The Decker Wildfire has been burning just a few miles south of Salida, CO in the far northern Sangre de Cristo wilderness since 8 September 2019. As of 13 October 2019, the fire had burned 8,118 acres and has prompted periodic evacuations and pre-evacuations. On 13 October 2019, the fire had broken containment during critical fire weather conditions. The intensification could be seen in GOES-East 3.9 um SWIR imagery via the flare up in brightness temperature south of Salida around 18Z (Fig 1).
The smoke plume was easily diagnosed in GOES-East visible imagery extending well east of the fire within strong westerly flow (Fig 2). A significant increase in smoke production was observed after 18Z, following the flare up seen in the SWIR imagery.
SNPP VIIRS True Color imagery with VIIRS Active Fires product overlaid during the early afternoon shows numerous thermal anomalies (~750 m spatial resolution) associated with the fire along with the extensive smoke plume (Fig 3).
The IMET tasked to the fire requested that WFO PUB request a mesoscale sector in support of the fire fighting activities. WFO PUB requested another mesoscale sector the following day (10/14) given continued critical fire weather conditions over the fire.
A photo taken around 2300 UTC from between Canon City and Pueblo shows the impressive smoke plume around sunset (Fig 4).
A S-NPP pass during the night of the 13th provided VIIRS Day Night Band imagery over Colorado with favorable illumination. The Decker Fire is readily apparent in the imagery as a cluster of bright light south of Salida in a region that would otherwise be dark.
An early season winter storm brought much colder temperatures and widespread snowfall to portions of the eastern Rockies and high plains October 9-10. Analysis of GOES-16 water vapor imagery shows key large scale features associated with the system as it digs south into the Great Basin and WY/CO (Figure 1) through 12Z. Overlaid on the animation are 700-300 mb GFS-derived Quasi-Geostrophic Omega, highlighting regions of greatest ascent and descent, correlating with what is observed in the imagery. The surface cold front is also seen pushing south through the high plains.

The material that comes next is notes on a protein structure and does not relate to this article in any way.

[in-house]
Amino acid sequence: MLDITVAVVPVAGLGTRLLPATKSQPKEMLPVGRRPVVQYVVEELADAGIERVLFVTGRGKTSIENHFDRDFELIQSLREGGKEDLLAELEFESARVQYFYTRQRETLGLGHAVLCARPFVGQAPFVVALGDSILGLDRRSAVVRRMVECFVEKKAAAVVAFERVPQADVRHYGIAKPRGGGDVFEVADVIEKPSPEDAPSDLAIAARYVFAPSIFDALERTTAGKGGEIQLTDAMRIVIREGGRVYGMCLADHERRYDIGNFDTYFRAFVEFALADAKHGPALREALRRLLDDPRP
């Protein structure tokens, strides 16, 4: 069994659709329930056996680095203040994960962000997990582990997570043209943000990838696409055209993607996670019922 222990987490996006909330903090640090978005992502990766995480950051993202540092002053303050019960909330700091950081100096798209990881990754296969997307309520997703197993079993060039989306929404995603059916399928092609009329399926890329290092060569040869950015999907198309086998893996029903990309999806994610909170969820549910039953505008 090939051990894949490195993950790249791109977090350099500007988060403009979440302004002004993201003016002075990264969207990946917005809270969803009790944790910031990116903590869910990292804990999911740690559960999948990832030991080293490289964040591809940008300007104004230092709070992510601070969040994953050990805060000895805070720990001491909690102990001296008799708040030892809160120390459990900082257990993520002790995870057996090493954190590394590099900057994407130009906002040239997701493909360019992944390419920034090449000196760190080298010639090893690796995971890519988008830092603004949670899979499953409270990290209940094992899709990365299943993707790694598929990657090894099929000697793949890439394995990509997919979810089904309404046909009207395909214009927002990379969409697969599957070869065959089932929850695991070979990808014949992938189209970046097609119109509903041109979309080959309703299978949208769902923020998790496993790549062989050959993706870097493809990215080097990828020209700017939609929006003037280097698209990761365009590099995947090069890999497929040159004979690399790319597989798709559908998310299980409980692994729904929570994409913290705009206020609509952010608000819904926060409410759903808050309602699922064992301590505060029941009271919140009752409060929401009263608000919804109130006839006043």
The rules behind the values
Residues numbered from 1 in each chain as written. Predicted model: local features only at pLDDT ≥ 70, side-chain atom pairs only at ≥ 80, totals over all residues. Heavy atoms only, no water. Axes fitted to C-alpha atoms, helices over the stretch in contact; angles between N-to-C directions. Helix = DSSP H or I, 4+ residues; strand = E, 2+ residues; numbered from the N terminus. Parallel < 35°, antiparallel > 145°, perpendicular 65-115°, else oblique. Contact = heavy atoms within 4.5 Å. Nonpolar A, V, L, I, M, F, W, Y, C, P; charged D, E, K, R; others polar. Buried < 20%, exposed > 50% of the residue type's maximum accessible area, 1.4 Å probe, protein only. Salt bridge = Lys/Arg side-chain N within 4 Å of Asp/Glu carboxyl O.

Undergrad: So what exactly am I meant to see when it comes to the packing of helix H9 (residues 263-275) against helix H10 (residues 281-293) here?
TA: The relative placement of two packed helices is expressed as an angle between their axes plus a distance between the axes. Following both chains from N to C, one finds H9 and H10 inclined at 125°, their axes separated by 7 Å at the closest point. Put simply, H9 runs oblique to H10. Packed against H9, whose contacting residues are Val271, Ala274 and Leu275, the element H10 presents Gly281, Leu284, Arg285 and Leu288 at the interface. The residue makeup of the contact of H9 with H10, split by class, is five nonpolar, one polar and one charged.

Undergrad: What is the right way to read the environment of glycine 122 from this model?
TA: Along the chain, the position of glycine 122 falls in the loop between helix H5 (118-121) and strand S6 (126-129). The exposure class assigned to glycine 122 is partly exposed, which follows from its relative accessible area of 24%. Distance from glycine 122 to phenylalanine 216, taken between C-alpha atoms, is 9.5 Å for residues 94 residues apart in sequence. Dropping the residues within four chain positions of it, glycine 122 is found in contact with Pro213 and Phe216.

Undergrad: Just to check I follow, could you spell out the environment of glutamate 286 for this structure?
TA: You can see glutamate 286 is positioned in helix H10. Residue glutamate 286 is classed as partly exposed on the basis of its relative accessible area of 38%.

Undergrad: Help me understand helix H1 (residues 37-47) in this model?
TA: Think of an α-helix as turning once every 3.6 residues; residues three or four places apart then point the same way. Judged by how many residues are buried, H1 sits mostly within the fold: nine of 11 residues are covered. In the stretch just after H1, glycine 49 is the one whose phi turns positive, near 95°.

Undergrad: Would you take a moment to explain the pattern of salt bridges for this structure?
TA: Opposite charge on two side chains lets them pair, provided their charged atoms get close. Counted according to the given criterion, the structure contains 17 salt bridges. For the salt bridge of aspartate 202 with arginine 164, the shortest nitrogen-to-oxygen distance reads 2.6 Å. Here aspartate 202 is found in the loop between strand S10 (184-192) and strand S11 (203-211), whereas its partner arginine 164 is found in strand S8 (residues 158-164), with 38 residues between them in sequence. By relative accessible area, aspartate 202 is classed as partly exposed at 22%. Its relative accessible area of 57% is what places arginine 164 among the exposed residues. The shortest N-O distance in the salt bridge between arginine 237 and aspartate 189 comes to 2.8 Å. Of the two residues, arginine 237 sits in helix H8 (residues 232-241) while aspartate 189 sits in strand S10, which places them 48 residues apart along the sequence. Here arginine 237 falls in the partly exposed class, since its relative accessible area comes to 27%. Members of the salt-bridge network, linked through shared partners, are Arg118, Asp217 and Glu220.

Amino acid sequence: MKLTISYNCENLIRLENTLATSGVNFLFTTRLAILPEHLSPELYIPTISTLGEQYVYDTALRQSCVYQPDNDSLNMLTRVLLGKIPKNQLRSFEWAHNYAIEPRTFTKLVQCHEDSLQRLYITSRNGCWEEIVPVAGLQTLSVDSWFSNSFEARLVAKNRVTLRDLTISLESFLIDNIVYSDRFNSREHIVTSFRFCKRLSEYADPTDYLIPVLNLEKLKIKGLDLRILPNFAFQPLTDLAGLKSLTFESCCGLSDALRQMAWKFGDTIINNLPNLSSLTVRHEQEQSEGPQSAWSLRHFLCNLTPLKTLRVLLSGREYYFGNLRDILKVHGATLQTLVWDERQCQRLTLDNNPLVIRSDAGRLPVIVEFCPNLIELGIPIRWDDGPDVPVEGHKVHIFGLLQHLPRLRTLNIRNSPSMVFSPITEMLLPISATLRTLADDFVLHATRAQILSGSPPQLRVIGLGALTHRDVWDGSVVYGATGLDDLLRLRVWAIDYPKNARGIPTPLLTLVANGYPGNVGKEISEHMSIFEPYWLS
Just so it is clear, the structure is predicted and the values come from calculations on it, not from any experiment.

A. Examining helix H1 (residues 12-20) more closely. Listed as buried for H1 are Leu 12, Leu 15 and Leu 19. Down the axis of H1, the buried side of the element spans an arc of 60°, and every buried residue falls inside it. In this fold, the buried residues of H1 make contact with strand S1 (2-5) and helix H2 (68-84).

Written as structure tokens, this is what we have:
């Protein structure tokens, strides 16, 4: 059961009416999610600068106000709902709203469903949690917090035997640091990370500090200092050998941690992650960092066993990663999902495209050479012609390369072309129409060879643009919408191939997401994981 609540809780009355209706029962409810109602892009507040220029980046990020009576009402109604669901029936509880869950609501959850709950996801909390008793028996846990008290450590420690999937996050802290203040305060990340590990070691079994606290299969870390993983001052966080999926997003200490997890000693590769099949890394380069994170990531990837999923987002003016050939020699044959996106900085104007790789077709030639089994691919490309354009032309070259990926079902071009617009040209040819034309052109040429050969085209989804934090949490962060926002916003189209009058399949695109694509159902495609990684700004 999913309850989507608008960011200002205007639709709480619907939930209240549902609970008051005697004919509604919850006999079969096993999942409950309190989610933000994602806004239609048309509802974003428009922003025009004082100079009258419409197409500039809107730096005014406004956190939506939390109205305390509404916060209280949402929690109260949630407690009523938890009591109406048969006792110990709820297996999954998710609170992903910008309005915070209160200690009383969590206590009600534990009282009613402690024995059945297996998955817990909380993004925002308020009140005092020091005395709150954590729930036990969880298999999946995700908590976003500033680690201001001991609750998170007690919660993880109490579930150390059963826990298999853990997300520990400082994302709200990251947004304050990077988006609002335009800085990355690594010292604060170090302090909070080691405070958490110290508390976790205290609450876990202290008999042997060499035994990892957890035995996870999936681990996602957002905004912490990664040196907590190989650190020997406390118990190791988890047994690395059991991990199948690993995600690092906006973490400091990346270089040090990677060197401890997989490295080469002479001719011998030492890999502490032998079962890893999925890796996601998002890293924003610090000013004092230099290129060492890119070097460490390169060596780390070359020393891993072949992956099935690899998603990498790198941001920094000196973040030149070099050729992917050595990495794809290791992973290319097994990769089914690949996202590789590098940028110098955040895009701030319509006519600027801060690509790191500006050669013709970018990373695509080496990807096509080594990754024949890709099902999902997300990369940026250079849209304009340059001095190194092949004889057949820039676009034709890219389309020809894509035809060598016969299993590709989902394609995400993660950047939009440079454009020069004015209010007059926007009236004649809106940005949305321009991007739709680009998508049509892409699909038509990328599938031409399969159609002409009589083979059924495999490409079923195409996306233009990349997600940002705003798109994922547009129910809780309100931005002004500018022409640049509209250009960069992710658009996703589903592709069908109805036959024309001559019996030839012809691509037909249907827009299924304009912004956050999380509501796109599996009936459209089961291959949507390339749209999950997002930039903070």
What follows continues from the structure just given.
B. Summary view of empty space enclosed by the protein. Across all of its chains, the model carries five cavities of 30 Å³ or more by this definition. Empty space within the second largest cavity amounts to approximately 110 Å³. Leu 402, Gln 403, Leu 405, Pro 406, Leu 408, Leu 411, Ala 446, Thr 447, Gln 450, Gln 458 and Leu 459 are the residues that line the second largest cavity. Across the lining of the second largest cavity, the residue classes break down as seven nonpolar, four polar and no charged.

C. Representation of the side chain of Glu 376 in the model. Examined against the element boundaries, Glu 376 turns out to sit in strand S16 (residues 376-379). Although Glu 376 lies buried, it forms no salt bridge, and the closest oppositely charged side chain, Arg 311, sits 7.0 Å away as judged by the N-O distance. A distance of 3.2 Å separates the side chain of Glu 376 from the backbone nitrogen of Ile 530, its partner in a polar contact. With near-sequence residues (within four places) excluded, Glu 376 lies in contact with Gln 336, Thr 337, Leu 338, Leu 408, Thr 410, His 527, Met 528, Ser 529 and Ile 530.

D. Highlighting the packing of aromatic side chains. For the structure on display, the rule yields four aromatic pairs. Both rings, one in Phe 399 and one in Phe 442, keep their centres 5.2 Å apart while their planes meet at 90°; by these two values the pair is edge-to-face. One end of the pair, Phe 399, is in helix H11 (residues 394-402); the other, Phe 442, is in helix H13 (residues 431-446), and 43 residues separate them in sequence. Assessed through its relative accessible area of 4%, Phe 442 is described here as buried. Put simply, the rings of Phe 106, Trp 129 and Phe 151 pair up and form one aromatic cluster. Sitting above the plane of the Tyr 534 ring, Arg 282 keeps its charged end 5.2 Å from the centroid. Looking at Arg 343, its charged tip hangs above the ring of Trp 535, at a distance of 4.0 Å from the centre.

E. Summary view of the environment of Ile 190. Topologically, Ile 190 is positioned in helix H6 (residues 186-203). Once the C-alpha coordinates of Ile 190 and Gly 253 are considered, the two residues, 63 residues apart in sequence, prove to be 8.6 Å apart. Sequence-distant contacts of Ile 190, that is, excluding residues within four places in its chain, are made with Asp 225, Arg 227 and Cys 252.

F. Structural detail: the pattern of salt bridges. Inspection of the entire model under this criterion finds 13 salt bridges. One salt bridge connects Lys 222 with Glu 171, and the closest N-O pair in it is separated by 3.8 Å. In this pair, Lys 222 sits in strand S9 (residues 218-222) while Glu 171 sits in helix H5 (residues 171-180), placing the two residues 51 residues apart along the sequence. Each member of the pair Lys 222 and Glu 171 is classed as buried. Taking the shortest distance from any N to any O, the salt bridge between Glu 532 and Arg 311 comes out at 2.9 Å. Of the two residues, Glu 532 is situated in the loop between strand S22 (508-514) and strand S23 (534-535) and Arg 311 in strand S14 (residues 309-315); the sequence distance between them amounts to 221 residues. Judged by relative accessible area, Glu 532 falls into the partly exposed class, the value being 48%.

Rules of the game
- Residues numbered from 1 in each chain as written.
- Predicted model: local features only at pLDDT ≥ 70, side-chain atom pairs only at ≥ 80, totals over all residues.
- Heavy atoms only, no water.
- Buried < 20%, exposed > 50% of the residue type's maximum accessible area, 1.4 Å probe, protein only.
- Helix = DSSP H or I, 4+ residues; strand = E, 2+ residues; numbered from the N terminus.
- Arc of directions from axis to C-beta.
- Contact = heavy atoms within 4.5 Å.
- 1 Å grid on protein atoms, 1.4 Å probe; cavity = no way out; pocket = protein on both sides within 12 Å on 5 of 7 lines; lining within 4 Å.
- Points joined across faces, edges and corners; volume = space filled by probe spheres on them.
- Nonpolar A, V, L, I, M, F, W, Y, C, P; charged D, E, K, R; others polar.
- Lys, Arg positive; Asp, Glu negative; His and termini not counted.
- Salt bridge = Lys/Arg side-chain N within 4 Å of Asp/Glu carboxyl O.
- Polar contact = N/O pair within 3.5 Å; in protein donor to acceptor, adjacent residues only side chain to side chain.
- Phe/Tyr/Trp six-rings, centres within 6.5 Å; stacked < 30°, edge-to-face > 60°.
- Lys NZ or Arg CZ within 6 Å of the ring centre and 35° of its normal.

Now analyzing GOES-16 IR imagery over the same period and zooming in, the southward progression of the cold front is easily diagnosed in the imagery, including the banking of cold air up against the Colorado front range and Sangre de Cristo Mountains. An overlay of a surface wind analysis confirms the progression of the front. 60 mph winds were measured behind the front across southern Colorado.
Behind the front in northern Colorado during the evening of the 9th, thunderstorms managed to develop, producing heavy graupel and small hail. GLM Flash Extent Density from GOES-16 showed a lightning jump during the development of the strongest storm, which produced up to 3/4″ hail.
The Suomi NPP VIIRS Day Night Band (DNB) Near Constant Contrast (NCC) product provided high resolution “visible” imagery during the night as the front pushed south and low clouds expanded across the plains, thanks to illumination from the moon.
The storm system resulted in widespread snowfall amounts of up to around 5 inches over the portions of the Colorado I-25 corridor and eastern plains. The Day Cloud Phase Distinction RGB can be utilized during winter weather events to diagnose developing bands of snow or track ongoing snow bands during (especially in poor radar coverage areas). Using this event over southeast Colorado as an example, shades of cyan colored clouds (water clouds) transitioning to bright green represent increase of ice in the cloud top and a potential snow producing cloud/band (Fig 5). Multiple snow bands developed in the vicinity of Pueblo and areas south, expanding east through the afternoon in the presence of strong upper forcing and low-level easterly/northeasterly upslope flow.
Overlaying base radar reflectivity, one can see the snow bands as observed in radar imagery match up well with our analysis of the bands in RGB imagery (Fig 6).
NOAA-20 VIIRS DNB NCC imagery from the next evening provided an early view of snow cover over eastern Colorado from the previous day’s storm (Fig 7). Widespread snow cover is observed along the I-25 Corridor from Colorado Springs to Fort Collins, and much of the plains to the east. Further south, snow cover resulting from the banded snowfall is diagnosed near and south of Pueblo. Low clouds are masked with the GOES fog difference (blue).